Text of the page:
Housing Affordability Dips Below 2006 Bubble Peak Levels

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In a striking echo of the past, the average 30-year fixed mortgage rate on Monday soared to 7.48%, a high not seen since 2000. This rise exacerbates the already precarious state of housing affordability, which, as tracked by the Atlanta Fed, had plunged below the levels witnessed at the peak of the 2006 housing bubble. With the recent mortgage rate surge accounted for, August 2023 is set to be the grimmest month for housing affordability this century.

The current situation originated from last year’s sharp rise in mortgage rates, which spiraled from 3% to over 7%. This surge, in tandem with the Pandemic Housing Boom that drove U.S. home prices up by over 40% in just over two years, has eroded housing affordability nationwide. As Lisa Sturtevant, chief economist at Bright MLS, notes, the housing market is at a crucial juncture, with the elevated mortgage rates prompting some prospective buyers to retreat from the market, and potentially leading to a slowdown in the housing market this fall.

Mortgage Rates Hit 7.48%, Highest Level Since 2000

On Monday, the average 30-year fixed mortgage rate reached an alarming 7.48% – the highest level in over two decades. This surge in mortgage rates has led to a severe decline in housing affordability, pushing August 2023 to be the worst month for housing affordability this century.

Mortgage Rates Surge and Housing Affordability Deteriorates

This predicament is a result of last year’s sharp rise in mortgage rates, which escalated from 3% to over 7%. Alongside this, the Pandemic Housing Boom has pushed U.S. home prices up by over 40% in just over two years, exacerbating the nationwide housing affordability crisis. Lisa Sturtevant, chief economist at Bright MLS, warns of a very slow fall in the housing market this year due to high mortgage rates. In her statement to Fortune, she says, "It is likely to be a very slow fall [in the] housing market this year."

Risks in Overheated Housing Markets

According to Sturtevant, the greatest risk lies in overheated housing markets where affordability challenges are the worst, including some West Coast markets and other regions where prices have quickly escalated. However, she does not foresee major house price corrections, given the historically low supply levels and overall healthy economic conditions.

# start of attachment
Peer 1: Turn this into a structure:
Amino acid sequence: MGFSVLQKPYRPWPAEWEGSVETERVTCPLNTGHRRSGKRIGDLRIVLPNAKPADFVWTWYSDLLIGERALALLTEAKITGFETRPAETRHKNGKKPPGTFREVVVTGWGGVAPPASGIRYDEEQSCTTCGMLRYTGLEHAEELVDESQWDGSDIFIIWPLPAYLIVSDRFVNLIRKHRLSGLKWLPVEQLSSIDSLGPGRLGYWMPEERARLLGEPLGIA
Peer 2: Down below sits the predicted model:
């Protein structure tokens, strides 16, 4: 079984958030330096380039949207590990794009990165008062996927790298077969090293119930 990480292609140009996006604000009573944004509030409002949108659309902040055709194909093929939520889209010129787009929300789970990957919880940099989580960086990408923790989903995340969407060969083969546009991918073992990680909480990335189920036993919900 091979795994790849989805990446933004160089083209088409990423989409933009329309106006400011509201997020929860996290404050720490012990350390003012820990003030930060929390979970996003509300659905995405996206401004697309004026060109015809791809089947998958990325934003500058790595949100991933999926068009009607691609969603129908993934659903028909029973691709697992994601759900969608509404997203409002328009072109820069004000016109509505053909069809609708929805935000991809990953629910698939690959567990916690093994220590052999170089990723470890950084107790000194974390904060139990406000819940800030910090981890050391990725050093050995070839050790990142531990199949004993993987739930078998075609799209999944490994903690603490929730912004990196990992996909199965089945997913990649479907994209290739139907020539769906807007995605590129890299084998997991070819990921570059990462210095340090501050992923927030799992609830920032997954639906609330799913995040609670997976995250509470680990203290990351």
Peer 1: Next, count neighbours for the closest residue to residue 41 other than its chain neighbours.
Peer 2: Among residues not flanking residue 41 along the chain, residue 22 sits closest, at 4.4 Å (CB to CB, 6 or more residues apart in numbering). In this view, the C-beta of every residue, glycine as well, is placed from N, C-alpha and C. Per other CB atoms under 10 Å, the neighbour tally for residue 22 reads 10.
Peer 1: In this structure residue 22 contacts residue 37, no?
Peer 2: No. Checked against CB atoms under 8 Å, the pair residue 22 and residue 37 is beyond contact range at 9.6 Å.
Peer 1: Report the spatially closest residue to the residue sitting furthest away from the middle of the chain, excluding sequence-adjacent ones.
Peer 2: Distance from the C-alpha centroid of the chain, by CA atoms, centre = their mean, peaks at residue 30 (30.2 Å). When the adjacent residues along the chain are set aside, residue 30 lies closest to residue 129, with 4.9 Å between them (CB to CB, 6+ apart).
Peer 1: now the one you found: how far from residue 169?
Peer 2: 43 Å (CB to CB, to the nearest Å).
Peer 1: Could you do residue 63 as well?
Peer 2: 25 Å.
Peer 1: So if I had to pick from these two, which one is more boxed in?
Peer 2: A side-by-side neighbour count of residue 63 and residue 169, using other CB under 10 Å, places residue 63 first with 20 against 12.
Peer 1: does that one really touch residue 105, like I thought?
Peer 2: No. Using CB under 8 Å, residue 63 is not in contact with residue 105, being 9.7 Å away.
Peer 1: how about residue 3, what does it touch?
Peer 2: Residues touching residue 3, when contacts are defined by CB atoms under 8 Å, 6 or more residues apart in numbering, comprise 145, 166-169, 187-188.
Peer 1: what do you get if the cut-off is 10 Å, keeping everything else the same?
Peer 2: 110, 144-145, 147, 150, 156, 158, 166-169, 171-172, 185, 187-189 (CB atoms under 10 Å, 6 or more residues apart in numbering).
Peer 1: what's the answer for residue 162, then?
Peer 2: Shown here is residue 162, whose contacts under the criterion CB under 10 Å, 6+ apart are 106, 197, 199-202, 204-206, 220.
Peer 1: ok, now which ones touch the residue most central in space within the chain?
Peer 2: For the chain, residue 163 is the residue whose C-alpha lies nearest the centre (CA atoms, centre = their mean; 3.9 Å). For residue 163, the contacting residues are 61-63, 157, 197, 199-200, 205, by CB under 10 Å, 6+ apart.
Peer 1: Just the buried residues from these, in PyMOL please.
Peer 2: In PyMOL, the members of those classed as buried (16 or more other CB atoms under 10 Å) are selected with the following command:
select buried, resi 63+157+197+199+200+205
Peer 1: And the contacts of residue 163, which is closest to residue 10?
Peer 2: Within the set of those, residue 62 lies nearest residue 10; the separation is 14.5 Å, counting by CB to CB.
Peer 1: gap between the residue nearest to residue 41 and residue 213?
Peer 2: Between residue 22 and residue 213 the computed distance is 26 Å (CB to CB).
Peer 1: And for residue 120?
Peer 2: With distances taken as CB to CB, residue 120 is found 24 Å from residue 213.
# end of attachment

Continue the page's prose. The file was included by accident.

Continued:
Comparisons to the 2008 Housing Crash

Although the current lack of housing affordability echoes the conditions leading up to the 2008 housing crash, there are distinct differences between the two periods. Unlike the 2008 crash, the U.S. is not grappling with an excessive surplus of existing homes for sale. In fact, housing inventory levels are at historic lows, with a staggering 47% decline in homes available for sale in July 2023 compared to July 2019.

Path to Improving Housing Affordability

Improving housing affordability largely depends on three key factors: rising incomes, declining home prices, and lower mortgage rates. Among these, mortgage rates have the potential for the most significant short-term impact. Mortgage rates are inherently volatile and can rapidly shift downwards if financial markets loosen. This is opposed to home prices, which historically resist steep declines.

Skepticism Surrounds Mortgage Rate Forecasts

The Mortgage Bankers Association predicts that the average 30-year fixed mortgage rate will decline to 6.2% by Q4 2023 and further down to 5% by Q4 2024. However, renowned housing analyst Bill McBride voices doubt, stating, "in my humble opinion, rates will be higher for longer than they expect."

Despite the bleak outlook, it’s crucial to remember that the housing market is dynamic and subject to changes influenced by various factors, including the state of the economy, government policies, and global events. Therefore, while the current situation may seem dire, there is still potential for improvement.

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